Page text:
Glenn Beck's Ambivalent Welcome in Israel

The conservative TV host's much-hyped rally drew little attention here, much of it negative

CAESARIA, Israel -- The tears came early for Glenn Beck. Holding a bible in his hand, his eyes moistened and his voice cracked only moments after he took the stage at the ancient Roman amphitheater of Caeseria, Israel in front of a crowd of nearly 3,000 on Sunday. Beck paced the stage, praising the righteous Gentiles of history who saved Jews from anti-Semitism, and spoke of the greatness of the Jewish people and the need to "love the Jewish people as they are."

Standing on the ancient ruins, Beck also spoke of what he called Jews' "2,000 year old flinch," which makes them shy away from affection from Gentiles (including, presumably, himself) because of "not just the Holocaust, but it's [persecution of Jews] happened over and over and over again."

Billed as "The Courage to Love", the evening was the first of three rallies planned for Beck's "Restoring Courage" visit to Israel, which the radio and former Fox News host has billed as an Earth-changing opportunity for "people who value freedom, honor and faith" to show their solidarity with Israel. Those in attendance on Sunday flew from across the United States and beyond as part of package tours to Israel for the event. Others present included local National Religious Jews and casual observers who took advantage of the free tickets given out for the event. According to Beck, the rally was also broadcast live at over 1,000 churches across America. The main event, "Courage to Stand," will be held Wednesday at the Davidson Center in Jerusalem, after initial plans to hold it at the Temple Mount were cancelled due to security concerns.

Far more tent revival than political rally, Sunday's event lacked the sort of red meat anti-Obama or Muslim-baiting rhetoric that had made Beck so popular among the American Christian right. He instead glorified Israel as a sort of city on the hill, a light unto the (Christian) nations of the world. The Judeophilia extended far beyond the praise of Zionism or the state of Israel and seemed to be an all-out love-in for Jews, cast in the role of God's chosen people and the creators of civilization.

The call to support Israel, which has recently been used as a wedge issue to lure Jewish voters, seems for Beck to be an essential component of the preacher and political savior package that drives his lucrative media empire. But among Sunday's attendants, the feelings did seem largely genuine. Those who had traveled across the world to be with Beck in Israel typically expressed a very non-cynical admiration of Israel, or at the very least a glorified Israel that stands as an embattled bastion of Westernism in a region ruled by tyranny and religious oppression.

Standing in a t-shirt depicting Samuel Adams with the word "Faith" written on the bottom, Maine native Marge Ripley, 65, said that she came to Israel for the first time to attend the event because she and other Beck listeners see Israel as an example of bravery to emulate. She said she believes that the Obama Administration is turning on its Israeli allies. A member of the Mormon church, Ripley said, "The way the news has been lately it doesn't seem that our leadership is really supporting Israel. It's a free country and it's the only free country in this area and we believe in freedom."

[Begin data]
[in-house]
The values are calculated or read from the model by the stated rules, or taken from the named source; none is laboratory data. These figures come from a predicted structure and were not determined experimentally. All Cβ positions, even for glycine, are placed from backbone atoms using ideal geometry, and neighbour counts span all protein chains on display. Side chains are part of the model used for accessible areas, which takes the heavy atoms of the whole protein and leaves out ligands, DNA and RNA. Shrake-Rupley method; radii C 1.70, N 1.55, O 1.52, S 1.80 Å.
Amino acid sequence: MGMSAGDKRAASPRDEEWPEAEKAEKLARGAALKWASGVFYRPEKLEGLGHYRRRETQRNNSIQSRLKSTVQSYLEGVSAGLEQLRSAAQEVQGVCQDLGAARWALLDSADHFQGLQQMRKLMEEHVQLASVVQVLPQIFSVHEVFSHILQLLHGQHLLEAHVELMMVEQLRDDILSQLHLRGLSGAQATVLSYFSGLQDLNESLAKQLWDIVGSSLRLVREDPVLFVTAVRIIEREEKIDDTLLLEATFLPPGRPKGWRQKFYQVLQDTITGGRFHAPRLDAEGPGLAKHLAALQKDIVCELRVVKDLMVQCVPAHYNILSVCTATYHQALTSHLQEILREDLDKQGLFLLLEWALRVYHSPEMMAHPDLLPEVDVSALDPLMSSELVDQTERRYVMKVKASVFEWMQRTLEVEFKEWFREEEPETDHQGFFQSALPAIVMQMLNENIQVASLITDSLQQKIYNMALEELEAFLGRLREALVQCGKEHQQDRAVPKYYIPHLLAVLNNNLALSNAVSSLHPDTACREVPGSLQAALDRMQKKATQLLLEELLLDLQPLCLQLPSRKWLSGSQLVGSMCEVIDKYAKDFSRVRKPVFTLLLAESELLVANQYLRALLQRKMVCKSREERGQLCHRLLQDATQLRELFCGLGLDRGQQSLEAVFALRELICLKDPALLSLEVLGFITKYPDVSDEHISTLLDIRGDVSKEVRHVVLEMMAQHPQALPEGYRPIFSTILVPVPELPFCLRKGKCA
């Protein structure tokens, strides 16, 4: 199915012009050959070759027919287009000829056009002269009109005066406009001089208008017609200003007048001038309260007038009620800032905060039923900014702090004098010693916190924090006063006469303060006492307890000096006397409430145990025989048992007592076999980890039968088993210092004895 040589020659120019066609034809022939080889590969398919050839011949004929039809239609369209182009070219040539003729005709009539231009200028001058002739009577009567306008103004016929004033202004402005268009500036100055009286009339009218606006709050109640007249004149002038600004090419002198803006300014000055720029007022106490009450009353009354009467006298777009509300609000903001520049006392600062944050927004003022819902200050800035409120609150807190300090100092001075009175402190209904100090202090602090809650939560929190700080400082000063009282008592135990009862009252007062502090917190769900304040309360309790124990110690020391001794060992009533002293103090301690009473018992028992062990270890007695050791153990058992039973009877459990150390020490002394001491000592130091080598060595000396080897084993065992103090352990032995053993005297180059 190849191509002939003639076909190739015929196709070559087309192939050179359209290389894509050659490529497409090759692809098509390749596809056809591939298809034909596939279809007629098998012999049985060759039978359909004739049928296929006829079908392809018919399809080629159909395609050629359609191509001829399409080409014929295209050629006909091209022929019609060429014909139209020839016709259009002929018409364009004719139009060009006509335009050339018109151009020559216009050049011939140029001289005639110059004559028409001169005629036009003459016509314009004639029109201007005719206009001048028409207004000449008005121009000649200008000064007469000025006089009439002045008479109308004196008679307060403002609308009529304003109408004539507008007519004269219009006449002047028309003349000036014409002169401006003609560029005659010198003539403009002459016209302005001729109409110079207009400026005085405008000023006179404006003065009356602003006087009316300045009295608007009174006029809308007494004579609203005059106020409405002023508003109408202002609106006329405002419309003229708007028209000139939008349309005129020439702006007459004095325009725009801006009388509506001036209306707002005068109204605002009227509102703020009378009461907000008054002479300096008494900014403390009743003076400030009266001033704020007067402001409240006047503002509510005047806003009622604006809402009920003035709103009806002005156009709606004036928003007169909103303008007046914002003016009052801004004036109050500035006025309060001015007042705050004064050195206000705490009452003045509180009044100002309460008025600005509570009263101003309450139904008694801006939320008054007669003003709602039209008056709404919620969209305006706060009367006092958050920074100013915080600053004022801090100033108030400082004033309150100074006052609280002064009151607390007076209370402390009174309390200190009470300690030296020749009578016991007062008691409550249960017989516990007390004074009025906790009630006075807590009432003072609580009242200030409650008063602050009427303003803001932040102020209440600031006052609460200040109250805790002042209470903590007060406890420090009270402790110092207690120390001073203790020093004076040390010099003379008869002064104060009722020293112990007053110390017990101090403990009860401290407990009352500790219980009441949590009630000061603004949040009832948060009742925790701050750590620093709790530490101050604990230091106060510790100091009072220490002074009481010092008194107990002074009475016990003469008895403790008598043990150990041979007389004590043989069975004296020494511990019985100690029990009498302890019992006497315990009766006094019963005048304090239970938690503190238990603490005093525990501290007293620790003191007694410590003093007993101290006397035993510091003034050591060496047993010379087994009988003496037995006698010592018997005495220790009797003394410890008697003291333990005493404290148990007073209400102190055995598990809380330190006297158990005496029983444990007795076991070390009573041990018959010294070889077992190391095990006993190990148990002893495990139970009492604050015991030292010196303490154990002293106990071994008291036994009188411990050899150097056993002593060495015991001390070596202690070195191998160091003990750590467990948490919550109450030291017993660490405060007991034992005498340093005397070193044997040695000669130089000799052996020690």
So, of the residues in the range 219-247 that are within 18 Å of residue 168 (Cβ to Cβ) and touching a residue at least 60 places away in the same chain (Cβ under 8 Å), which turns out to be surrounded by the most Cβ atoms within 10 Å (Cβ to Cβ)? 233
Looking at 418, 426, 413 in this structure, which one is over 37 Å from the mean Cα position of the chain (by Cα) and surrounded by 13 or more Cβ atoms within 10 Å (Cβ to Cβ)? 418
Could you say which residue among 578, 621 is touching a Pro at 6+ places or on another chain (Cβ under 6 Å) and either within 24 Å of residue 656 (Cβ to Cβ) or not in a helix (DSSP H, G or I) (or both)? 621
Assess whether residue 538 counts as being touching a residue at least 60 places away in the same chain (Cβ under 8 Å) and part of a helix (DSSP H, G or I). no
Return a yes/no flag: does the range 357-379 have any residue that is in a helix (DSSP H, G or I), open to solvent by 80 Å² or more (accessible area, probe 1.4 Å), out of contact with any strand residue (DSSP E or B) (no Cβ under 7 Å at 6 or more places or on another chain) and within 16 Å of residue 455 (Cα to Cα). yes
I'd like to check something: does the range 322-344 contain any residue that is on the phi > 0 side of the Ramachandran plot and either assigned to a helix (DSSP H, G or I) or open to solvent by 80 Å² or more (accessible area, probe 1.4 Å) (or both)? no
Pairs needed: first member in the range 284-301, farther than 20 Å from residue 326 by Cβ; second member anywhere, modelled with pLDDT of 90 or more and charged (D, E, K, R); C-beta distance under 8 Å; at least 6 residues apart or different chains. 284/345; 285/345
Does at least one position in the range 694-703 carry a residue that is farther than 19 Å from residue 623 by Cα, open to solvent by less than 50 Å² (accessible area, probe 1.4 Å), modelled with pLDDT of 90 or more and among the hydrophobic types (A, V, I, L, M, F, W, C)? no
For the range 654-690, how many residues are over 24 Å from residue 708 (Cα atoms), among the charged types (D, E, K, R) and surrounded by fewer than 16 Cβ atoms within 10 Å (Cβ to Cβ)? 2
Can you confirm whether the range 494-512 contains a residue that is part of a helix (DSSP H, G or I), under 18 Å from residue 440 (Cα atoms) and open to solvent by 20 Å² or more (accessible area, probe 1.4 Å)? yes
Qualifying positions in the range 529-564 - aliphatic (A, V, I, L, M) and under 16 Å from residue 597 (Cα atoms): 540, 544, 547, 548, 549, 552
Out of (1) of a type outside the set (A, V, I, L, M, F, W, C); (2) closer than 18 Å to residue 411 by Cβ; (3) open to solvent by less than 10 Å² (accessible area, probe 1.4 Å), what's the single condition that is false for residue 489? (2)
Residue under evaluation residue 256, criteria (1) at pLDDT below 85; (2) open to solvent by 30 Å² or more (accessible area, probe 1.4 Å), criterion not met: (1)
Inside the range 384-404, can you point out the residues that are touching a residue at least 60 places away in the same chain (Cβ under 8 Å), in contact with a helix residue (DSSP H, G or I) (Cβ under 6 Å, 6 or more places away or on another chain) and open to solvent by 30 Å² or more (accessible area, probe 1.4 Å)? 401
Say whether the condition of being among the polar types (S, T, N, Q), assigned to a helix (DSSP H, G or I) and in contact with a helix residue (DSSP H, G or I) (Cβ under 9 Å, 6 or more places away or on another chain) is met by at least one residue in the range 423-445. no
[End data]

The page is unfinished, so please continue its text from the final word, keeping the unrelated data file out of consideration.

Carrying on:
For Zane Zimmerman, a "non-denominational believer" from a small town outside of Oklahoma City, the rallies were the highlight of his 15th visit to Israel. "This world is very precarious right now, with the riots all over the world, the economic situation, and our White House has turned against Israel with what they're doing. And we're here to stand here and say the Jewish people have the right to live while the world is closing in on them again."

He added that he believes that the Obama administration "is turning on Israel and the American people do not support this."

When asked what Beck represents to him, he described the broadcaster as "someone who cares, someone who is sounding the alarm and doesn't mind living in the crosshairs." During his most recent visit to Israel in early July, Beck was feted by Israeli politicians during a meeting of the Knesset's Immigration, Absorption and Diaspora Affairs Committee, where he was invited by committee chair and right-wing parliamentarian Danny Danon of the Likud party. Danon invited Beck to speak to the committee about how Israel could help improve its image abroad. During his introduction, he said of his guest, "if we had no Glenn Beck today ... we should have invented a Glenn Beck."

Beck's currently ongoing visit got off to a rougher start. He arrived in Israel last Sunday, as Israel was already a month into the largest protest movement seen in the country in decades, possibly ever. Focused on social issues and the cost of living in Israel, the protests gained widespread support across the Israeli political and socio-economic spectrum, and drew over 300,000 Israelis into the streets across the country during a series of mass protests held a mere eight days before Beck's arrival.

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Ben Hartman is a reporter for the Jerusalem Post. Before that he was an editor and writer at Originally from Austin, Texas, he moved to Israel eight years ago and lives with his wife in Tel Aviv.

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